As the cyclone wreaks its way through the US east coast, insurers will be wondering where the losses will fall
Cyclone Sandy has been dominating the headlines in the past 24 hours. Overnight, the cyclone, which has been dubbed “Frankenstorm” because of how it has been merging with other weather systems, battered the east coast of the USA.
New York City (NYC) is one of the worst-affected areas for flooding, while more than five million people are left without electricity and, so far, 13 people have been killed.
This morning, the picture was slightly clearer on the effect Sandy could have on (re)insurers. However, as the cyclone continues to smash its way up through the states, it is still too early to predict where the losses will fall.
While the sheer size and scale of Sandy cannot be overlooked, Shore Capital analyst Eamonn Flanagan said that with wind speeds equivalent to a Category 1 hurricane, it was weaker than some of the “monster” Category 4 and 5 storms that have slammed into the US Gulf Coast. He says this may not be enough to spark an increase in rates or affect Lloyd’s insurers’ plans to return capital to shareholders.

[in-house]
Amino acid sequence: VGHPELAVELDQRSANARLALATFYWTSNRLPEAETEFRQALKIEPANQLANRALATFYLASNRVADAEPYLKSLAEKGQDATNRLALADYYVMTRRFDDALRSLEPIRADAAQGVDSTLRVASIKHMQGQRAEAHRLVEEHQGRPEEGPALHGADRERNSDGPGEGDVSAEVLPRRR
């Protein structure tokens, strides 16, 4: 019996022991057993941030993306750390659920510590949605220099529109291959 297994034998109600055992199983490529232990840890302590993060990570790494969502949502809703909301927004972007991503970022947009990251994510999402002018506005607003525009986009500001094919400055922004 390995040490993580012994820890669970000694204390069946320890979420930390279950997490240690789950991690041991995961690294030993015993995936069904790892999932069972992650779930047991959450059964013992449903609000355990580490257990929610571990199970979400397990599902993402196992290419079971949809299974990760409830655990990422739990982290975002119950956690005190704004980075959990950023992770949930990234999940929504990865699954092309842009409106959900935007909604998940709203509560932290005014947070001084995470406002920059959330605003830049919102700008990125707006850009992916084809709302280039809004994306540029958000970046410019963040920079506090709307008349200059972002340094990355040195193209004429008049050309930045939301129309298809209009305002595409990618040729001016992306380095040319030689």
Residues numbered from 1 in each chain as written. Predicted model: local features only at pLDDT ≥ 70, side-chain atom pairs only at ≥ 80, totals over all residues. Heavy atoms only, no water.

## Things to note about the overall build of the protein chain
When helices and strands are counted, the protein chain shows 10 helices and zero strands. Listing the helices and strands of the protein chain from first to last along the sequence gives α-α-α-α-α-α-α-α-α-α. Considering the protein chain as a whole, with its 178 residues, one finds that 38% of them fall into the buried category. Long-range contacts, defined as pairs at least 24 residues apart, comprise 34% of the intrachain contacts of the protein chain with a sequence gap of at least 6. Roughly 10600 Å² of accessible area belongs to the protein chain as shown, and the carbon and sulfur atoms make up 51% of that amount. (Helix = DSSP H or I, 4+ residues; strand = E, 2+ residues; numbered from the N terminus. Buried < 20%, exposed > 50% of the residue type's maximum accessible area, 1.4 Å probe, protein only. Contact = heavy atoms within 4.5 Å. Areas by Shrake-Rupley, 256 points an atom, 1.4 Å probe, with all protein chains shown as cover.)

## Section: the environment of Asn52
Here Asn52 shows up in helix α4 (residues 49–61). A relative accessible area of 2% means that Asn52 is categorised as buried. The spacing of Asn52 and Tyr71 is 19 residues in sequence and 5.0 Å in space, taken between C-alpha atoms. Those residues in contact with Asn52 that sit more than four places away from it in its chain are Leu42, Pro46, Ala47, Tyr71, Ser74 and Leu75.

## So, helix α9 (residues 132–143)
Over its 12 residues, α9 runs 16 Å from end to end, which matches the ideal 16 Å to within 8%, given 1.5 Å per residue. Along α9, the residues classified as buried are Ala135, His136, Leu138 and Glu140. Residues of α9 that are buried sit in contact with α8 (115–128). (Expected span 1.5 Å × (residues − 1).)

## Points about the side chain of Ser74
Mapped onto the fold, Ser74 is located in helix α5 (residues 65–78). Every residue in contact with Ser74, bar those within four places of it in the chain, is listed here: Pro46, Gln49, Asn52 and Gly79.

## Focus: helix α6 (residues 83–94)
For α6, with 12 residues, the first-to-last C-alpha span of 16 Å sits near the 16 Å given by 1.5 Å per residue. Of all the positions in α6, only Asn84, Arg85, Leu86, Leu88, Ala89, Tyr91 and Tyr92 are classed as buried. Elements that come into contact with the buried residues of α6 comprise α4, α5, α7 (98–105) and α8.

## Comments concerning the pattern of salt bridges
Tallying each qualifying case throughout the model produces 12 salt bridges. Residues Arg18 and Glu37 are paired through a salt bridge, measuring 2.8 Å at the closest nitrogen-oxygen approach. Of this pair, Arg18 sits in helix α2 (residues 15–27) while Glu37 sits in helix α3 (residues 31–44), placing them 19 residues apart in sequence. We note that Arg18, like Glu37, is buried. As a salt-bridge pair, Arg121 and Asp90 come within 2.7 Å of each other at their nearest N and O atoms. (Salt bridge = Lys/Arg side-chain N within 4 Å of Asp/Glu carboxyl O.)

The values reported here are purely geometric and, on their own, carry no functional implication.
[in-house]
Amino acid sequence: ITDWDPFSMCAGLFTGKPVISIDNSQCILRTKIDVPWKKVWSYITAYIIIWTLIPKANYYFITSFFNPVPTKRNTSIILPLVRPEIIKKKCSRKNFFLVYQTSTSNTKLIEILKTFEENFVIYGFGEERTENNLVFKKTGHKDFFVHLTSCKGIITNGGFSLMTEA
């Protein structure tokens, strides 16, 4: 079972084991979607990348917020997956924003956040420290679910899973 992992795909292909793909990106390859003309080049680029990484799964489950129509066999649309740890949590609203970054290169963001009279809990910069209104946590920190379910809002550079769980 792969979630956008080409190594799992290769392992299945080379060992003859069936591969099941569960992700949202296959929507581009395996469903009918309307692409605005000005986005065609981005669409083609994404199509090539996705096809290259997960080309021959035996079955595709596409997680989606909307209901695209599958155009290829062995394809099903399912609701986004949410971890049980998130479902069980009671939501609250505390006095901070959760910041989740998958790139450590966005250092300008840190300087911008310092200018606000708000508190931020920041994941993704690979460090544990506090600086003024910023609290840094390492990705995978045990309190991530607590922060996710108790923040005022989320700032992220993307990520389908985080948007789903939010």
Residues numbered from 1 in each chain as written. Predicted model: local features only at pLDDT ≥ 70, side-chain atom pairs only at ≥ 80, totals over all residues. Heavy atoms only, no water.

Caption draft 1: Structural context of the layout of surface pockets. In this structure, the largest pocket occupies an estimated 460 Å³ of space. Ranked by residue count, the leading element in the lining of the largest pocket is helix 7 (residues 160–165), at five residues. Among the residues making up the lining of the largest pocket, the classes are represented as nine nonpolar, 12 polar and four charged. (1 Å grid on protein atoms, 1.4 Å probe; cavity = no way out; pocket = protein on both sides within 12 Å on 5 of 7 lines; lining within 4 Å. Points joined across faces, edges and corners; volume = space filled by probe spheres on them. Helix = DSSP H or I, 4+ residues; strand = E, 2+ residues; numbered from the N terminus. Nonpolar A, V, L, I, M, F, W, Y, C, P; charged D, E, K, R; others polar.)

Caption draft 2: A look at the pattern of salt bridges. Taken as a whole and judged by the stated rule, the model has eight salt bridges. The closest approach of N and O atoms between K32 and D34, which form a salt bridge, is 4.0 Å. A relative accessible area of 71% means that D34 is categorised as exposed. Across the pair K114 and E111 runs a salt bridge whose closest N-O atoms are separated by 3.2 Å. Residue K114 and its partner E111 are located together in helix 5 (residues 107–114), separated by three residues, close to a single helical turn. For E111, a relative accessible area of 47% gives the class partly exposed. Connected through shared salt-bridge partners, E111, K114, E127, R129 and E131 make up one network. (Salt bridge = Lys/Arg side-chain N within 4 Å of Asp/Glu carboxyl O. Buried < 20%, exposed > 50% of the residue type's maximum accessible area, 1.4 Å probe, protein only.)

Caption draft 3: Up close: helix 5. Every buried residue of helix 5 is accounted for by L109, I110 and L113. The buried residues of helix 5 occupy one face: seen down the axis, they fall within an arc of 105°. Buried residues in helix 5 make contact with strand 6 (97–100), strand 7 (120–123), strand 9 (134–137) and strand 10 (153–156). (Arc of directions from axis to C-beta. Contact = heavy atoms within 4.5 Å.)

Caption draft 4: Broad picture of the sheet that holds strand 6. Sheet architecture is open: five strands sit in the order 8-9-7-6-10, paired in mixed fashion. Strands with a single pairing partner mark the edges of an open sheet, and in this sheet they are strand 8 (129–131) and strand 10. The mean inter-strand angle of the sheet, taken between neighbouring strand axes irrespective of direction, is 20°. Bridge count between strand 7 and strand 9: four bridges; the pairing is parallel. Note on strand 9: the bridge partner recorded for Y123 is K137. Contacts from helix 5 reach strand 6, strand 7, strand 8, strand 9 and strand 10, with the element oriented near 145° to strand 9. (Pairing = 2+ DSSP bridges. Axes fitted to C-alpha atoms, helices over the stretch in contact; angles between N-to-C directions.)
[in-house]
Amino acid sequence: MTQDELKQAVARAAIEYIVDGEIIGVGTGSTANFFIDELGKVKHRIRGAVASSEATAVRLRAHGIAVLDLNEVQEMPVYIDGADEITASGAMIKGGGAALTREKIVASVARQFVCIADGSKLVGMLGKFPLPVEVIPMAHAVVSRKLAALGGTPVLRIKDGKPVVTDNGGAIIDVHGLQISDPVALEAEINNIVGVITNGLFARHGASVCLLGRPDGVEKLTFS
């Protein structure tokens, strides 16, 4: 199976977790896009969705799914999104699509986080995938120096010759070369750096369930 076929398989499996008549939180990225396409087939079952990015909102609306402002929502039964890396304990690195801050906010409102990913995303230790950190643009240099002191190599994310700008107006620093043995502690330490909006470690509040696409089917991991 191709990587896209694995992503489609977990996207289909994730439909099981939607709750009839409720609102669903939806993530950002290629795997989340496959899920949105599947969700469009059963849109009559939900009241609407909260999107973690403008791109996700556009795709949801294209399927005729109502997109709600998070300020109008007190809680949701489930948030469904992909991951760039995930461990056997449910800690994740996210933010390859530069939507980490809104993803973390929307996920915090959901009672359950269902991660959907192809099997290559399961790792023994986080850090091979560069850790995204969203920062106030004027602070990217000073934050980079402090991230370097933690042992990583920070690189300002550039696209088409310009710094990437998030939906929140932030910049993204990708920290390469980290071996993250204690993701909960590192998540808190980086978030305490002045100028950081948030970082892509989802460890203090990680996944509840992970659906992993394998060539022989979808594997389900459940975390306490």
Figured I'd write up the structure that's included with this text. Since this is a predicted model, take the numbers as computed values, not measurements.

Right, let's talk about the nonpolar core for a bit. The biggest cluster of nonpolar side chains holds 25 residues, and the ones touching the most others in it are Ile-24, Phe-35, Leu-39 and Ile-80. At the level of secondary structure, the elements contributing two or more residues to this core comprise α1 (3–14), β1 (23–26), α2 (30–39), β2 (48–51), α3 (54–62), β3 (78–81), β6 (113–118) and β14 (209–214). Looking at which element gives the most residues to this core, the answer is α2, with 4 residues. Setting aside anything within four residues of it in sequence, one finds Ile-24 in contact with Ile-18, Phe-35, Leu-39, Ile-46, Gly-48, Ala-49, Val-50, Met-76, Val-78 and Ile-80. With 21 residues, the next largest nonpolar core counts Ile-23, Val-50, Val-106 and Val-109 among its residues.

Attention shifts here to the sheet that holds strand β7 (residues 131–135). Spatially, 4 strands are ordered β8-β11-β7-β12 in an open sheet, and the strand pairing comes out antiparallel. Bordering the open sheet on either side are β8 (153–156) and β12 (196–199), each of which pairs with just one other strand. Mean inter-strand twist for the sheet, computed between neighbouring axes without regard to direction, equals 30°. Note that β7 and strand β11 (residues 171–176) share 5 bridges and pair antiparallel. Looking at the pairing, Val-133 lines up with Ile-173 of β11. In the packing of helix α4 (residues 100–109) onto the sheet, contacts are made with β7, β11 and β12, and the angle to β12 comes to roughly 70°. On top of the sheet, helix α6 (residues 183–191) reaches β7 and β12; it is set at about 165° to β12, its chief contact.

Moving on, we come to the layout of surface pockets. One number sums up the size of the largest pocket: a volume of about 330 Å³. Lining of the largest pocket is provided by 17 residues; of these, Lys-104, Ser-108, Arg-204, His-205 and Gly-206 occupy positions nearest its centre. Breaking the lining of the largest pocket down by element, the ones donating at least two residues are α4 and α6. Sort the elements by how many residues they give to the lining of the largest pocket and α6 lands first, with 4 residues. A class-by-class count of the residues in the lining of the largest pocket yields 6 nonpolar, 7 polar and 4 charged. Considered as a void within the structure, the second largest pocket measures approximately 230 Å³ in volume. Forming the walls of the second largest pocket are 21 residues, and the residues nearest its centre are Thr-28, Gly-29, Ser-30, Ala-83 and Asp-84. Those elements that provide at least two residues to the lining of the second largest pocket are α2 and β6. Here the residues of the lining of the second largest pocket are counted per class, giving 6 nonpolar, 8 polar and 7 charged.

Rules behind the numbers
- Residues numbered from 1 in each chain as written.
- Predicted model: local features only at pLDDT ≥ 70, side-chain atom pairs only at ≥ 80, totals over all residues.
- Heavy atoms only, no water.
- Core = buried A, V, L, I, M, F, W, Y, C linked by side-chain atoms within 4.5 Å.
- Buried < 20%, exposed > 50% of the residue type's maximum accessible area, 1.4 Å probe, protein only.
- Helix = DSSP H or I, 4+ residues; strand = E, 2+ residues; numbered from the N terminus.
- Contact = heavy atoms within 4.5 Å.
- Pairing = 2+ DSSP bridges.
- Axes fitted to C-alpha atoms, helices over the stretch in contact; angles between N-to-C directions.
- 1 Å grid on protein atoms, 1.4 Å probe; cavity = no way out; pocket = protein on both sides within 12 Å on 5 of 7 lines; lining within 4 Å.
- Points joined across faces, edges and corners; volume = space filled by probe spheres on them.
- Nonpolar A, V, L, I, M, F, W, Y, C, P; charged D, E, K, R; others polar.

Policy holders may also be bailed out by the US National Flood Program, which will pick up losses not specifically covered by policies, as household and commercial flood protection is not a standard insurance cover in the USA.
Risk modelling firm EQECAT yesterday estimated that the insurance industry could be hit for between $5bn (£4bn) and $10bn as a result of Sandy.
However, Sandy has struck areas that have very high insured exposure values. In NYC, there is $2.1 trillion worth of insured property, mainly comprising commercial/industrial buildings.
This afternoon, Risk Management Solutions (RMS) said: “It is too early to estimate losses as ongoing event but to provide a benchmark, Irene affected similar region last year and caused about $4.5bn insured losses, but the Sandy event is much more severe (relate to characteristics) and has impacted NYC to a much worse degree than Irene.”
It’s been a benign year for catastrophes so far in 2012, particularly when compared to 2011 where total losses amounted to about $100bn according to various estimates.
It is highly unlikely that 2012 will come match that, but insurers will still be sweating on the unpredictability of Sandy.